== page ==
U.S. Markets closed

Madoff victims' recovery rises to nearly $10.5 billion

Bernard Madoff exits the Manhattan federal court house in New York in this January 14, 2009 file photo. REUTERS/Brendan McDermid/Files

By Jonathan Stempel

NEW YORK (Reuters) - The trustee recovering money for Bernard Madoff's victims on Tuesday announced two agreements to recoup more than $145 million, boosting the total amount raised to nearly $10.5 billion.

Irving Picard, the trustee, said he reached a $95 million settlement subject to court approval with Senator Fund SPC, a Cayman Islands "feeder fund" that had invested customer money exclusively with Bernard L. Madoff Investment Securities LLC.

Picard also said a federal bankruptcy judge has approved a separate settlement worth at least $50.5 million with defendants including Long Island, New York-based real estate developer Edward Blumenfeld.

That settlement had been announced on Oct. 17, and could eventually be worth about $62.1 million, according to Picard and court papers.

Madoff, 76, pleaded guilty to fraud in March 2009 and is serving a 150-year prison term.

Tuesday's payouts come on top of a $496.8 million settlement announced on Monday with two other Cayman Islands investment funds, Herald and Primeo.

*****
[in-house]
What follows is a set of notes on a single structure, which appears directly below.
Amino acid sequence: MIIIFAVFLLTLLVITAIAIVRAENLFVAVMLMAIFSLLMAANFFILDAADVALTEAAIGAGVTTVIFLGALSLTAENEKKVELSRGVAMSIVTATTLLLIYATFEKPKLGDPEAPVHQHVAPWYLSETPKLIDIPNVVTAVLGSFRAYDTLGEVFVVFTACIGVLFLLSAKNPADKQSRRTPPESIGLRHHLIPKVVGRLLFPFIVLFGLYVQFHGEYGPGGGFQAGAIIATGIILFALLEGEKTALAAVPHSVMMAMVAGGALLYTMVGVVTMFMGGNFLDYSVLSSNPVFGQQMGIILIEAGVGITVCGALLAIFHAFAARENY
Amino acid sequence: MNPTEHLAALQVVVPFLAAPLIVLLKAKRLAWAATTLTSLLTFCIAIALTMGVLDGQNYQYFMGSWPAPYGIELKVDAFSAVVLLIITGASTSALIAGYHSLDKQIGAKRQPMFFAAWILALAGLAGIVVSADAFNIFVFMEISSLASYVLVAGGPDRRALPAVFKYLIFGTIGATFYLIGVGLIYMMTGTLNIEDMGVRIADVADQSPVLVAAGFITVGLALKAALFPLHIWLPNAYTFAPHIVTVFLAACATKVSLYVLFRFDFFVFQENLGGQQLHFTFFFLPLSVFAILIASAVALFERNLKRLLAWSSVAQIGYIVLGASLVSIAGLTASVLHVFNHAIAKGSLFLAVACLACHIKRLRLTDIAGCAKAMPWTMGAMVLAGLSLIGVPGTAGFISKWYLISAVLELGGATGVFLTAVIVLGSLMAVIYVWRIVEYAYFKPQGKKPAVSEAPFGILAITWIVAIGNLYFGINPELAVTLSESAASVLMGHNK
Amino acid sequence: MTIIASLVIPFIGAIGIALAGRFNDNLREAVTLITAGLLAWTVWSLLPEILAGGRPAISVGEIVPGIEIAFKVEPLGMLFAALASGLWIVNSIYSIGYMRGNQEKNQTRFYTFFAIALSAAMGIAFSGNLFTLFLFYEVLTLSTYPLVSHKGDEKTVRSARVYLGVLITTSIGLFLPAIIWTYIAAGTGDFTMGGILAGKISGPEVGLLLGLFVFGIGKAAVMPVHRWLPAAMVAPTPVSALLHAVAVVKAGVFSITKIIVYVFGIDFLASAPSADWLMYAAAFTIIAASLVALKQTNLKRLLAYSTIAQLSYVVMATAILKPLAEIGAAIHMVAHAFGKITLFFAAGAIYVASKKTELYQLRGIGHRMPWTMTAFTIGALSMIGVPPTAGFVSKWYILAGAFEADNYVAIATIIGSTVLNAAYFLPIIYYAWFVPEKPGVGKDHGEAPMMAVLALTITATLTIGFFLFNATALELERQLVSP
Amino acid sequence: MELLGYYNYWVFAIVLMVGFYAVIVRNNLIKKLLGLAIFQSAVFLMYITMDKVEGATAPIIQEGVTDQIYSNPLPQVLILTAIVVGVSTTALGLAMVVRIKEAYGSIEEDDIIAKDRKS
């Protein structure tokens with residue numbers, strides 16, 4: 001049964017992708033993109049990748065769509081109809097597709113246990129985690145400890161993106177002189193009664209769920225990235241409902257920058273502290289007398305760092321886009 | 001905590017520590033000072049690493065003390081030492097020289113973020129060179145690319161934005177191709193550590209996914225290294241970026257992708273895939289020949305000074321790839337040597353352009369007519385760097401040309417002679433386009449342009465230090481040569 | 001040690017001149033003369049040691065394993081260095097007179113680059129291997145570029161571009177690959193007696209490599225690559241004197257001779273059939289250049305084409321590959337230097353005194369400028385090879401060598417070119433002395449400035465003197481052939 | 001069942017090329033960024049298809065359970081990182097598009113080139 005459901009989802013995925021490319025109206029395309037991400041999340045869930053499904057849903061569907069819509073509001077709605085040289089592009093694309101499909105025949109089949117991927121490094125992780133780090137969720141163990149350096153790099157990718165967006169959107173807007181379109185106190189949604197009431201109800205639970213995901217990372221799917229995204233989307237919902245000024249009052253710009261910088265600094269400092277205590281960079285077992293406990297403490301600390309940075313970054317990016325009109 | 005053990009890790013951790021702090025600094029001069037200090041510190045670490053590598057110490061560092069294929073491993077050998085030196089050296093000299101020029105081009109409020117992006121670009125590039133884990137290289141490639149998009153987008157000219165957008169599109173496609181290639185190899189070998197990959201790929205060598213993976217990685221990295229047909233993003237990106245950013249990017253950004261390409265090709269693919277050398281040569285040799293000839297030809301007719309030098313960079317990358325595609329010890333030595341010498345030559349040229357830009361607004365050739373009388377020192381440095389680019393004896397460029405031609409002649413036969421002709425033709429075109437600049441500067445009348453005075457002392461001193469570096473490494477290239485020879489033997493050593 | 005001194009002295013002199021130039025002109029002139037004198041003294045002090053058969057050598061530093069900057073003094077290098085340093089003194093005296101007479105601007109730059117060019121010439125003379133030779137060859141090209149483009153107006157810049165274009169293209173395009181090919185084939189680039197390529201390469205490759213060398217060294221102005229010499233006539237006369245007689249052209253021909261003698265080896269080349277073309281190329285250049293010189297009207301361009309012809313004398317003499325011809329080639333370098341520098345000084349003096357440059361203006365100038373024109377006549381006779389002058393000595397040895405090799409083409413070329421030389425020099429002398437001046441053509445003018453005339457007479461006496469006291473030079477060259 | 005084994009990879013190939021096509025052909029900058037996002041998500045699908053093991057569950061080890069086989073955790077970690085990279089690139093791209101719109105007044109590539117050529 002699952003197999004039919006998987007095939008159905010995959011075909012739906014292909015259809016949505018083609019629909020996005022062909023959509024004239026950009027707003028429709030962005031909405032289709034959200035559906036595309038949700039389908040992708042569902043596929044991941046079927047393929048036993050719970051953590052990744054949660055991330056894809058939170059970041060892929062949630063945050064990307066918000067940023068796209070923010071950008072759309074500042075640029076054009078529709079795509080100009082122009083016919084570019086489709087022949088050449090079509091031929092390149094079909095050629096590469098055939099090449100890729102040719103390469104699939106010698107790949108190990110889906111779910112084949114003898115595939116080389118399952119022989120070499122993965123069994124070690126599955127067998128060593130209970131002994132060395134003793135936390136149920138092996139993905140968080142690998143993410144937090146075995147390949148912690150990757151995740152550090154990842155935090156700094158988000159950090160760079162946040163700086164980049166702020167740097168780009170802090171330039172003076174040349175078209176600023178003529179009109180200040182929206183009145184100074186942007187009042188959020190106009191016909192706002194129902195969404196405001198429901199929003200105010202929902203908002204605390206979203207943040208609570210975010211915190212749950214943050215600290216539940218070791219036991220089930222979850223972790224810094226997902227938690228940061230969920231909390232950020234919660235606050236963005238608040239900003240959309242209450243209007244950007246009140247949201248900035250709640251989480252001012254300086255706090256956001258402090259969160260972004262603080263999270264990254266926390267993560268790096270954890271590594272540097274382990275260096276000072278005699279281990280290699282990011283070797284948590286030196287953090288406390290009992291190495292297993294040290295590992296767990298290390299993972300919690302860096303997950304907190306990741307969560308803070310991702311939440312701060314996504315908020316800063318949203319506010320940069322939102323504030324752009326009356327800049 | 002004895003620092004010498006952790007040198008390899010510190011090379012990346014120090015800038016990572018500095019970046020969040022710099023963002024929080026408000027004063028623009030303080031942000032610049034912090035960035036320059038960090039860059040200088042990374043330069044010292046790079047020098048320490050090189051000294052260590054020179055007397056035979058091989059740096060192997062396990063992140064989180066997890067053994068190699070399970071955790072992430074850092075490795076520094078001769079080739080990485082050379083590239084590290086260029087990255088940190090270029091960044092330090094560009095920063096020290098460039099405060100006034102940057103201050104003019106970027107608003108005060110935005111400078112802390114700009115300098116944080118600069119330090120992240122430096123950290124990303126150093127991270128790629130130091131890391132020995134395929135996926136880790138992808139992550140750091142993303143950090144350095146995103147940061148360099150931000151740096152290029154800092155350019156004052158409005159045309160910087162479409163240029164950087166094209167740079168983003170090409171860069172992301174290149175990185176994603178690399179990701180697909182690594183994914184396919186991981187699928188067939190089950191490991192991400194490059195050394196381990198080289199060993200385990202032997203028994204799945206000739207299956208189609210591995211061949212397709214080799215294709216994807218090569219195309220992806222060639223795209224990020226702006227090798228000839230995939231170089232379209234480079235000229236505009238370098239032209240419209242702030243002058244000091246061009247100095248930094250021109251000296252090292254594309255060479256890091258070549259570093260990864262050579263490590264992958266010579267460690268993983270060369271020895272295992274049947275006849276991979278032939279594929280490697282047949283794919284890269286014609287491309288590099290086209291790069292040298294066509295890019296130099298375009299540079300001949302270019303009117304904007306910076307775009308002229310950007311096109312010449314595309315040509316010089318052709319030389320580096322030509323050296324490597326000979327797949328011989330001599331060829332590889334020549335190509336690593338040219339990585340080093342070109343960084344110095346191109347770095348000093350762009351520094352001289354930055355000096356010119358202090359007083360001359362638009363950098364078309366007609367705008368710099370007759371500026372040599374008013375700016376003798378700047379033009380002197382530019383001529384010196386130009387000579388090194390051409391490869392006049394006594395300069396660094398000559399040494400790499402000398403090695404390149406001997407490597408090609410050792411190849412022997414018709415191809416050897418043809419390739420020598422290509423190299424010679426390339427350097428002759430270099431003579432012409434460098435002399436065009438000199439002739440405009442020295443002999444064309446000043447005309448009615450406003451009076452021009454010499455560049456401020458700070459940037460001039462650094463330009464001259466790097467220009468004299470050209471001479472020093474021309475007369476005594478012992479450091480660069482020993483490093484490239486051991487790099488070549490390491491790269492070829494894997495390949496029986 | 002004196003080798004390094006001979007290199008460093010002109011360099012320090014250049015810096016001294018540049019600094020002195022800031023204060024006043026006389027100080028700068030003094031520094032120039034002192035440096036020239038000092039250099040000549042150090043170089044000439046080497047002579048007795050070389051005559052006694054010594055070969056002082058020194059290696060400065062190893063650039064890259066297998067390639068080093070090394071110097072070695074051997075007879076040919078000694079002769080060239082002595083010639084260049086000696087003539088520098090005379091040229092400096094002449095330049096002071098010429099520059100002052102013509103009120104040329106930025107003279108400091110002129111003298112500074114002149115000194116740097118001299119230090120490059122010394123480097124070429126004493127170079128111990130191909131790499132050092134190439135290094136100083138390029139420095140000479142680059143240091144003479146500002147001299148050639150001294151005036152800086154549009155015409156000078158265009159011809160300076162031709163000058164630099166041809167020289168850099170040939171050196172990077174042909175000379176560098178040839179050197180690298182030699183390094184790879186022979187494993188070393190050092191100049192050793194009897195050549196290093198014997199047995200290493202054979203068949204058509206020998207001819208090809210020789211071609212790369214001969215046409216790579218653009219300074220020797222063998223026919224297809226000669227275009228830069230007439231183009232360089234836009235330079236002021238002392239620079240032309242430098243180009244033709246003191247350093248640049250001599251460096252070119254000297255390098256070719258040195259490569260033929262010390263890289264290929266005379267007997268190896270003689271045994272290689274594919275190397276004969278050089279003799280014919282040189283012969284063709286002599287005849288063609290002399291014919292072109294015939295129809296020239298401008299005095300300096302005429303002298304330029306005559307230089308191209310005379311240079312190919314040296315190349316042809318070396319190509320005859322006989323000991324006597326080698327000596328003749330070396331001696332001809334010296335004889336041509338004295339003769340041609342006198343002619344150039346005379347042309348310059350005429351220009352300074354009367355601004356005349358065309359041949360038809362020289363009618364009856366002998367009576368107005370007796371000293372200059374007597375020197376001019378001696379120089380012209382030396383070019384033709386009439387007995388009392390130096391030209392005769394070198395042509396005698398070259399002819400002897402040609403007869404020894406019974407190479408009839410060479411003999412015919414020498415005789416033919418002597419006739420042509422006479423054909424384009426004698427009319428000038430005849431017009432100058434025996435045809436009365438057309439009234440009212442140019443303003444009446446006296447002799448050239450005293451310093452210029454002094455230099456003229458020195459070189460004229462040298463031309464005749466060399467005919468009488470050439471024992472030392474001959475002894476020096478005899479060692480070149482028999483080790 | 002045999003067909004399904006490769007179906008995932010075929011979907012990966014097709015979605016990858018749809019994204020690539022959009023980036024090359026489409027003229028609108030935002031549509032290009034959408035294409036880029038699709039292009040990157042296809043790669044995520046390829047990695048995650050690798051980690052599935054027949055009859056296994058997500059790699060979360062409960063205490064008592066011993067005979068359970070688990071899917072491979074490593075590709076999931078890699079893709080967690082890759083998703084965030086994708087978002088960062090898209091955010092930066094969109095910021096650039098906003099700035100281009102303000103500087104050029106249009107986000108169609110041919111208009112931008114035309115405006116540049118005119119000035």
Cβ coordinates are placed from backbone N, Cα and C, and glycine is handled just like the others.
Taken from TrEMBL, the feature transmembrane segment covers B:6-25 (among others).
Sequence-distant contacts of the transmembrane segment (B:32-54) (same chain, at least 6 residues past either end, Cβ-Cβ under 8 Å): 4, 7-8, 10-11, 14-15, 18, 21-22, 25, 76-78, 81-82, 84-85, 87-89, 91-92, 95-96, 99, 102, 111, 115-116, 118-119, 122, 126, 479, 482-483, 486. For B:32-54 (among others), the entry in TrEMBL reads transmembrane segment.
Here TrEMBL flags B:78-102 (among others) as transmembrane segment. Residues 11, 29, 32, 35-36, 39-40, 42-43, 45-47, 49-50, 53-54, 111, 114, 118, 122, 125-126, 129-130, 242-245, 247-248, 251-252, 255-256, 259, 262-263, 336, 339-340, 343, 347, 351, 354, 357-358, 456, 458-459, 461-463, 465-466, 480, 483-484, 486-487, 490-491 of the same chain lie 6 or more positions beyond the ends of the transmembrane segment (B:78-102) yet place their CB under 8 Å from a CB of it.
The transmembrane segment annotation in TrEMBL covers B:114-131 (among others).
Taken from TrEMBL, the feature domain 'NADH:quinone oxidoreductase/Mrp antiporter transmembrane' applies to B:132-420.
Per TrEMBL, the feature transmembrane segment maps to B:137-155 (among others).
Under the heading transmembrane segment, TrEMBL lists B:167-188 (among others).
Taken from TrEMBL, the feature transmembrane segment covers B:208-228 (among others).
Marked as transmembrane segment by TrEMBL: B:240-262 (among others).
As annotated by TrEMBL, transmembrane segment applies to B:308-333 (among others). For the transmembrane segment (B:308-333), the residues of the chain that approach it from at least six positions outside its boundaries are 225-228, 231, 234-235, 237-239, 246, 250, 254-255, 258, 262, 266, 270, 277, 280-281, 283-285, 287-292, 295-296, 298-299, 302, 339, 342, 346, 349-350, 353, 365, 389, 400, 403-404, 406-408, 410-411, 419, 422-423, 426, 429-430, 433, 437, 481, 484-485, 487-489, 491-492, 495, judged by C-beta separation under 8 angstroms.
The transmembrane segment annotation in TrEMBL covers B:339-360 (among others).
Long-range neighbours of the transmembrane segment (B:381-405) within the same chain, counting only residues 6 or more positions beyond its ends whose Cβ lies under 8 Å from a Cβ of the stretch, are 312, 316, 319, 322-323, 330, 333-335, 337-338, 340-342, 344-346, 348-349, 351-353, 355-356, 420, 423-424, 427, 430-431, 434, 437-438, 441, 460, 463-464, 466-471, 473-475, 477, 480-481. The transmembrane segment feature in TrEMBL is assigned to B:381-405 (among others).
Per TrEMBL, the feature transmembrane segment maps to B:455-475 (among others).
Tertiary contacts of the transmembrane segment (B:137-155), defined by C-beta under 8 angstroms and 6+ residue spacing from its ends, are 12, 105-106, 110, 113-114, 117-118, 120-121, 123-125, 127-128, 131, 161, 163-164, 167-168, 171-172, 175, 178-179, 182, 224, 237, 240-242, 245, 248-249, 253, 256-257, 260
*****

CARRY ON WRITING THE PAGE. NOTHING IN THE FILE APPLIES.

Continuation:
Picard has now recouped roughly 60 percent of the $17.5 billion of principal that he estimated was lost by customers of Madoff, whose Ponzi scheme was revealed in December 2008.

Close to $6 billion has been distributed to date.

A hearing to approve the Senator, Herald and Primeo settlements is set for Dec. 17 in New York. Picard said Senator will receive a $239 million claim in the Madoff firm's liquidation because it deposited more there than it withdrew.

The trustee has spent much of the last six years litigating against feeder funds that sent money to Madoff, and "net winners" who took out more from Madoff's firm than they put in.

Former U.S. Securities and Exchange Commission Chairman Richard Breeden oversees a separate $4.05 billion fund to compensate customers and third parties who lost money.


(Reporting by Jonathan Stempel in New York; Editing by Tom Brown)